Handing over ghcide to the Haskell community

We started building ghcide over 2 years ago as part of our efforts at Digital Asset to provide a great IDE experience to all Daml users. As a lot of people in the Haskell community know, the Daml compiler is based on a modified version of GHC, so naturally the people working on it were Haskell programmers. As ghcide got better and better, and we got to experience it whenever we were working on Daml codebases, we started missing the same features from our Haskell development. Over time, we started abstracting over Daml-specifics and eventually managed to get it working on some hand-crafted Haskell projects, but couldn’t integrate with Cabal, Stack or other build tools. Around that time, we also open sourced the whole Daml codebase which included ghcide - but we didn’t announce ghcide anywhere. Luckily, at this time Matthew Pickering released hie-bios which made it trivial to integrate ghcide with all of the various build tools in the Haskell system while still using the same codebase as the basis for the Daml IDE.

External interest in ghcide was very limited until Neil gave a keynote at MuniHac 2019.

Interest and external contributions skyrocketed over a few days and we split ghcide into a separate repository to make it easier for contributors and users that no longer had to deal with the Daml monorepo. Since then, there have been a huge number of contributions to ghcide that not only benefited Haskell users, but also Daml users. It is impossible to name all the amazing features that have been contributed to ghcide, but some of our favourites include:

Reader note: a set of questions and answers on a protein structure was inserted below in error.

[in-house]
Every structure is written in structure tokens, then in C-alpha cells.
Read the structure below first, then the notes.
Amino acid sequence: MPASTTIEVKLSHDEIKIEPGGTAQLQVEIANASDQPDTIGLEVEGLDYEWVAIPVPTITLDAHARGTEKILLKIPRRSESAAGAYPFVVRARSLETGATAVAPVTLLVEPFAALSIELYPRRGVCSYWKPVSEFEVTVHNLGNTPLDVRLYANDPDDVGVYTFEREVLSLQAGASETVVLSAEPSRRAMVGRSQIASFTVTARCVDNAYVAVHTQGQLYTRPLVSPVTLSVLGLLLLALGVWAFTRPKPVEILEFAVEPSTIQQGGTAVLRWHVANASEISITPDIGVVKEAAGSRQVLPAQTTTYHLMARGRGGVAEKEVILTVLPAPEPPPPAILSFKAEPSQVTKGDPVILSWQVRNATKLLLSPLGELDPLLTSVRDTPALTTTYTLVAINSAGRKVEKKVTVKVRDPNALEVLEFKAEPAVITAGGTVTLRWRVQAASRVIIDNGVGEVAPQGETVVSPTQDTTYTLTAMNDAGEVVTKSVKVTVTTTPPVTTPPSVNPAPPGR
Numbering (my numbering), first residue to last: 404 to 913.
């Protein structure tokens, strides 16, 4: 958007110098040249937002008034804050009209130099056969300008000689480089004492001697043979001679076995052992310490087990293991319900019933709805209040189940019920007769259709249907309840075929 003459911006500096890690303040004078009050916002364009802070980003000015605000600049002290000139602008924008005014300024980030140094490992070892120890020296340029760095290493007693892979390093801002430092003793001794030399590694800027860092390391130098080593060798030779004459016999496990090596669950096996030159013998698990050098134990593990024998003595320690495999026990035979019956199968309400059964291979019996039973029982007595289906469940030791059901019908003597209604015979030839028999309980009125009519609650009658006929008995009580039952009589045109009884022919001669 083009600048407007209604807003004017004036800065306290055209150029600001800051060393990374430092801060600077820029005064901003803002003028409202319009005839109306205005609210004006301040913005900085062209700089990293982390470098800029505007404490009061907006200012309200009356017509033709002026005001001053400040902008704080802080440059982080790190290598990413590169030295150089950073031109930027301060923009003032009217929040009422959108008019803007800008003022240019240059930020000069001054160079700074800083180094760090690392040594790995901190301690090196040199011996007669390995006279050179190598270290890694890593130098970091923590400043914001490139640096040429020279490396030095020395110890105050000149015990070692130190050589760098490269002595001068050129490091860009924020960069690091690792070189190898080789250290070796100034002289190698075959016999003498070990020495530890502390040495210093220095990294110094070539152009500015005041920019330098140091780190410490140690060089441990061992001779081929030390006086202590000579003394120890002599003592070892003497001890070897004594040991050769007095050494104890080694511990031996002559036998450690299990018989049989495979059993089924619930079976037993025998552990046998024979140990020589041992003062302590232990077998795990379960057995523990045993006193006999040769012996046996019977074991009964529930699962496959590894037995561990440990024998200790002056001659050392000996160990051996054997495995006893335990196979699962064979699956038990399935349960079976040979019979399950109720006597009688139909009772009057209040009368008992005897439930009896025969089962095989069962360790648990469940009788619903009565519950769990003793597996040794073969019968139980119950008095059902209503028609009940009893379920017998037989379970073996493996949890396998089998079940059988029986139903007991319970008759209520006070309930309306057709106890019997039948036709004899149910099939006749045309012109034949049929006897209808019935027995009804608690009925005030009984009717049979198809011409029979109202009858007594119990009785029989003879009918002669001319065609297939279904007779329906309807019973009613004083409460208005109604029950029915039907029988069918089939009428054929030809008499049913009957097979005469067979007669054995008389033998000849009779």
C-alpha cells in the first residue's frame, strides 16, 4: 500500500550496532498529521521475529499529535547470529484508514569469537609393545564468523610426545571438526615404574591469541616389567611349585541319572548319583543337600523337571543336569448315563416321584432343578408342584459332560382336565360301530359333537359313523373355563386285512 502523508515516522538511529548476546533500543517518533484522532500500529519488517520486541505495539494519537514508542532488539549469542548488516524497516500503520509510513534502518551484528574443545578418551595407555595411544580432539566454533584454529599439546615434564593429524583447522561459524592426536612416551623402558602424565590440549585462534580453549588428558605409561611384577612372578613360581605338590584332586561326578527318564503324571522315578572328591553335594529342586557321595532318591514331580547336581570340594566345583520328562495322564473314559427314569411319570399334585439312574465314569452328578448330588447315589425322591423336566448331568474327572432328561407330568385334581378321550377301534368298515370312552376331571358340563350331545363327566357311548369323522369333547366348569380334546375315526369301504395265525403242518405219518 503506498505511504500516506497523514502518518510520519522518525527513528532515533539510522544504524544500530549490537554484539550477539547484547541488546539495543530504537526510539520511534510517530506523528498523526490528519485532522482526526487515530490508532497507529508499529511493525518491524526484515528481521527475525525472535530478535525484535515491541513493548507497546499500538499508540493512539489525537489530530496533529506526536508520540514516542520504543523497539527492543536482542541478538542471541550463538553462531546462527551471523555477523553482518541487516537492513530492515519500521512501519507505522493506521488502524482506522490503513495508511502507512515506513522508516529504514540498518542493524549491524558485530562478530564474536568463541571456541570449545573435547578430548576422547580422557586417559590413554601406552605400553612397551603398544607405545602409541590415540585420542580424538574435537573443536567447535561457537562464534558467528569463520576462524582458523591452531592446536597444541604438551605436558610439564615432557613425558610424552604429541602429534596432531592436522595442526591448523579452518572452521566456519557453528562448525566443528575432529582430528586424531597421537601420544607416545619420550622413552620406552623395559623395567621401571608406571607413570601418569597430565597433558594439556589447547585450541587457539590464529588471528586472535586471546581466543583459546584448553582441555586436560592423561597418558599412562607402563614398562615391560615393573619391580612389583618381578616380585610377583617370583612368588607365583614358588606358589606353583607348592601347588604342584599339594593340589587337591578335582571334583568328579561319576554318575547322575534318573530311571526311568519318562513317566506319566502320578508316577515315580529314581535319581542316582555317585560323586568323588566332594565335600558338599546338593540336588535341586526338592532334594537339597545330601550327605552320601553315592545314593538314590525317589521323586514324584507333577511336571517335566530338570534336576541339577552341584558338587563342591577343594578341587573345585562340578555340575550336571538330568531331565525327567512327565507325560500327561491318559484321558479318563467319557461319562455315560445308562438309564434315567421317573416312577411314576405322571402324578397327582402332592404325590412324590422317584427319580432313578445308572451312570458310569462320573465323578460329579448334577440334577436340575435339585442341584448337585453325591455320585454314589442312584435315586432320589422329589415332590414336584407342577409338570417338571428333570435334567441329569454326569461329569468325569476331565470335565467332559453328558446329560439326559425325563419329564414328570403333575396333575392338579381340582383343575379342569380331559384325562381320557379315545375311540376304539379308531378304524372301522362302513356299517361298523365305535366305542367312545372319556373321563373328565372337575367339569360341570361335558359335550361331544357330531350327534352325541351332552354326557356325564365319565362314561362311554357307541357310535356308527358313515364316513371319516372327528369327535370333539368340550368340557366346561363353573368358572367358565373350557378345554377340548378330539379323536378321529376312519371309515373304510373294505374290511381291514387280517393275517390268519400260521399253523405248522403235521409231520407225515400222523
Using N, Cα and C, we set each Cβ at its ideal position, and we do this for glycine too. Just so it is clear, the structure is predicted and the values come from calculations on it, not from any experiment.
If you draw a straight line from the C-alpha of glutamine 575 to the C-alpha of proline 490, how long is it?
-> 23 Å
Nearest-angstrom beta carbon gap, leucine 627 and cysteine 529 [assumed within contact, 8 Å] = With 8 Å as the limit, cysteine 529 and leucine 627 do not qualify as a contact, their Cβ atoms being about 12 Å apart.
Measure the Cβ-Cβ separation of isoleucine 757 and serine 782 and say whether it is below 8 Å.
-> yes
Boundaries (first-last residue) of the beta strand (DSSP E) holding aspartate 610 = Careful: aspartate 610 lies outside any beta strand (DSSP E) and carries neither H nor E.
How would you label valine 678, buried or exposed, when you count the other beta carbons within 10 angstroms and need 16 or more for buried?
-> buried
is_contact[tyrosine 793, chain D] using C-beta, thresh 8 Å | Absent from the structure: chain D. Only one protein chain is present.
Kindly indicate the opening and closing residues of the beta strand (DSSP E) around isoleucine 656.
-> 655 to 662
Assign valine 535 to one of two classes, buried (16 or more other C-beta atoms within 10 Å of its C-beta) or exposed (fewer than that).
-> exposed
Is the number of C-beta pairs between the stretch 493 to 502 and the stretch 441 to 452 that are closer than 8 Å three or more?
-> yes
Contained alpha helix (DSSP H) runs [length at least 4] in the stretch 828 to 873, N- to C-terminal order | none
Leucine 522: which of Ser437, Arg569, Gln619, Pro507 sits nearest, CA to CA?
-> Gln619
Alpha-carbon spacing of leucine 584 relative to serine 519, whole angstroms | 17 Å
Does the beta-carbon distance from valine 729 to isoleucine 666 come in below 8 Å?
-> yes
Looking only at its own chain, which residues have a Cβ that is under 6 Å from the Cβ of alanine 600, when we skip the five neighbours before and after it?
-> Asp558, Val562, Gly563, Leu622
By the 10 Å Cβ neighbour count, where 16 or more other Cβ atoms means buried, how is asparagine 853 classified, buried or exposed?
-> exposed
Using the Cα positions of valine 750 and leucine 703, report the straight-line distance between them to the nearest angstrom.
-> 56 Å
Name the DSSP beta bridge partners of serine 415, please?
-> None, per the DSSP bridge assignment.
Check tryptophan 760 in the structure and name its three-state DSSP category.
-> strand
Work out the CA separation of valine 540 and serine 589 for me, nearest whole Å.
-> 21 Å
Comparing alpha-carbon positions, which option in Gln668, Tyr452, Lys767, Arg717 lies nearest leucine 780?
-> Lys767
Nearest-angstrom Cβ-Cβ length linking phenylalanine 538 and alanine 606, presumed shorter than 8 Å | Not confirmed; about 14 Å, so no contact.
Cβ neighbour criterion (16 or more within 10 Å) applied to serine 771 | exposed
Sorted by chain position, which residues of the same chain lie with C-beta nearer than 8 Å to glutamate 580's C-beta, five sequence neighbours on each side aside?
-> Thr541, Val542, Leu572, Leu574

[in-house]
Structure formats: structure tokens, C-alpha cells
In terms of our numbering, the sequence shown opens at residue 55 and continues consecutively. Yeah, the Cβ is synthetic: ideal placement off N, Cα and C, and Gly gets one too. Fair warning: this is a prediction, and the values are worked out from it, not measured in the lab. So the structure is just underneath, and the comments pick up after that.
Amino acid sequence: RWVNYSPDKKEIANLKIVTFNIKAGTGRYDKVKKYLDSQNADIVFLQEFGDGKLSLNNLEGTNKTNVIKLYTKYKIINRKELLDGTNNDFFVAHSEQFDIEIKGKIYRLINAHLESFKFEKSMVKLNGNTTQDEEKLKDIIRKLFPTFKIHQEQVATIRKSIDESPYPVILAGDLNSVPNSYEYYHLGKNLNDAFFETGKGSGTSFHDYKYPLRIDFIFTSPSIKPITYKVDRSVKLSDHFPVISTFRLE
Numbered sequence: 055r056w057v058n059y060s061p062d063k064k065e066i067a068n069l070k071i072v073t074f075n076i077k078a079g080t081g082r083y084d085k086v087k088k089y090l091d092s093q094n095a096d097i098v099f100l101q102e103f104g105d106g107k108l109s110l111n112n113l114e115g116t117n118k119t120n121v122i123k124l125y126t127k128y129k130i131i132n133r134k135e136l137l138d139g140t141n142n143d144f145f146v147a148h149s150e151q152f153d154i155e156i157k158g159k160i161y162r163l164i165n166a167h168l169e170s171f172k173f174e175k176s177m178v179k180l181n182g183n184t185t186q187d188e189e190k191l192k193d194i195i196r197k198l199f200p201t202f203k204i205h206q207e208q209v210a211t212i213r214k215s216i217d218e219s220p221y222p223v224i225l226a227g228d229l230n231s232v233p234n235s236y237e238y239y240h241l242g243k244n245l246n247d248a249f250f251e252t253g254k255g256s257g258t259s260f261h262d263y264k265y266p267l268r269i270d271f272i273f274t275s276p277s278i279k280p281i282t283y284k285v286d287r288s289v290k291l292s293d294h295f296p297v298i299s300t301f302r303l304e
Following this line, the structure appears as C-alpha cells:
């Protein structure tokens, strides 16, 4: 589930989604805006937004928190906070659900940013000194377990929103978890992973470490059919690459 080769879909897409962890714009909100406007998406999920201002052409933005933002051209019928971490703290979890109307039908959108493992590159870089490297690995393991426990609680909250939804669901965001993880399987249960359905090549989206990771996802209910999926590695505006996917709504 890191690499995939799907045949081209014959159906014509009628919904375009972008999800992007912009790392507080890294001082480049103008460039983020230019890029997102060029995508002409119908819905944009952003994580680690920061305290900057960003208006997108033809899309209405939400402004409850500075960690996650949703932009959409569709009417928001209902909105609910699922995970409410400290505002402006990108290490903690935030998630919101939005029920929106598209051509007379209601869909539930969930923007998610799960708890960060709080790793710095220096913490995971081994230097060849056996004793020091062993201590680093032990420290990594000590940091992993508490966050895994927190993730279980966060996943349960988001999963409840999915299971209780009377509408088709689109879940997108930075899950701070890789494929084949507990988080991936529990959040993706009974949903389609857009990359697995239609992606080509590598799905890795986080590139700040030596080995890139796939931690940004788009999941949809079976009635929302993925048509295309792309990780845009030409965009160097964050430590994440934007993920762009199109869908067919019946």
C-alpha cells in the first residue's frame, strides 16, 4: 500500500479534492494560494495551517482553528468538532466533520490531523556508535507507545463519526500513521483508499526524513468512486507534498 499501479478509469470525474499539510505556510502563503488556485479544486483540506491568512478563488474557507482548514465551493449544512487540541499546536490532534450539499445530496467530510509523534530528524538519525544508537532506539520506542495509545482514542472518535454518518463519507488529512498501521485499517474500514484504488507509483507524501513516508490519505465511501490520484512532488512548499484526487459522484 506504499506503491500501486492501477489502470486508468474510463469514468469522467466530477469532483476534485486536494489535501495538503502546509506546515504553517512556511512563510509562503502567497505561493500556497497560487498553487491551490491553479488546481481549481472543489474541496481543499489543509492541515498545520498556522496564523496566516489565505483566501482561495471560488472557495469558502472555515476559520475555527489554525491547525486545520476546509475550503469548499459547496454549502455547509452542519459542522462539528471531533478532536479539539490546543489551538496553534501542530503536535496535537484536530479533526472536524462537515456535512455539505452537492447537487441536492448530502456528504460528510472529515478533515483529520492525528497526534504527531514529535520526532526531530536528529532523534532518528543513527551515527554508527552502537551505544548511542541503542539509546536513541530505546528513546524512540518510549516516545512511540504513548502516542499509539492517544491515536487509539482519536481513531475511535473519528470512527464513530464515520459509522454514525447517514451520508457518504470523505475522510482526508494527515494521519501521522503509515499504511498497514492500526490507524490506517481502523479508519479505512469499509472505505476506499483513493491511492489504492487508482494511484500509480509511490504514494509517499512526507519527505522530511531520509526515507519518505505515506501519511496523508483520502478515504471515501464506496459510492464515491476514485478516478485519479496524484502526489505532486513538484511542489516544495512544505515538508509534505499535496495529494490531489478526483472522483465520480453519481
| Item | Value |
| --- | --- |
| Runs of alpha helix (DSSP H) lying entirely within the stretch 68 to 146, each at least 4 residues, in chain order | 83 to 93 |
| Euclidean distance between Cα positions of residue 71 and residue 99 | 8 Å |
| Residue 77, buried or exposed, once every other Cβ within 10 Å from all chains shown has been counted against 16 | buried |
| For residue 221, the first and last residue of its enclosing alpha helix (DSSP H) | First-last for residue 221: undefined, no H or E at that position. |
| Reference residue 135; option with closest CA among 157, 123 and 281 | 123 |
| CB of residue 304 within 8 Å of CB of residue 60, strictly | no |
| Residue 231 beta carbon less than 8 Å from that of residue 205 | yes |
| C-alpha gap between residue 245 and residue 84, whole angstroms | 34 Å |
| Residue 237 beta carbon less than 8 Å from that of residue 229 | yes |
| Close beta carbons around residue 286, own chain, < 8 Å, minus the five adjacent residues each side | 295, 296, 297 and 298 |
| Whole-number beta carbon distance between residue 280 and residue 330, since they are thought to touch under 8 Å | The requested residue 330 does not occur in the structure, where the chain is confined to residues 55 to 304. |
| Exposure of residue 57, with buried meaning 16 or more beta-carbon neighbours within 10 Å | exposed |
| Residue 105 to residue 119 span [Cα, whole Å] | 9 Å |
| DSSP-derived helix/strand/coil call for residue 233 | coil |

• Support for code completions
  • Many significant performance improvements
  • Multi-component support
  • A wide variety of code actions

In January 2020, a lot of ghcide contributors and contributors from haskell-ide-engine got together and agreed to unify their efforts as part of haskell-language-server - which builds on top of ghcide while carrying over all the features and plugins that came from haskell-ide-engine. Half a year later, it’s not a stretch to say that this endeavour has been an enormous success and enthusiastic statements from users can attest to this. Finally, most efforts on Haskell tooling are focused on a single approach and everyone can benefit from improvements.

As the importance of ghcide to Haskell tooling has grown, keeping such an important repository in the Digital Asset organisation with only Digital Asset employees as maintainers has started to hold back the flood of contributions. Therefore, in consultation with many of the contributors, Digital Asset has made the decision to turn ghcide into a proper community project under the haskell github organization. In making this transition, ghcide gains a much wider team of maintainers, sourced from the current active ghcide contributors. The Daml IDE will switch to an open source fork of ghcide and cherry-pick changes from upstream as needed and we will continue to upstream bugfixes and improvements into ghcide.

We are very excited to see in which directions ghcide will grow in the future. Thanks to all ghcide contributors and in particular to Pepe Iborra, Matthew Pickering, Alan Zimmermann, wz1000, Luke Lau, Alejandro Serrano, fendor and Jacek Generowicz. We’ve enjoyed being part of the Haskell IDE tooling community, and look forward to working with both current and new contributors in the future.

Moritz and Neil

Bristol Haskell Hackathon 2020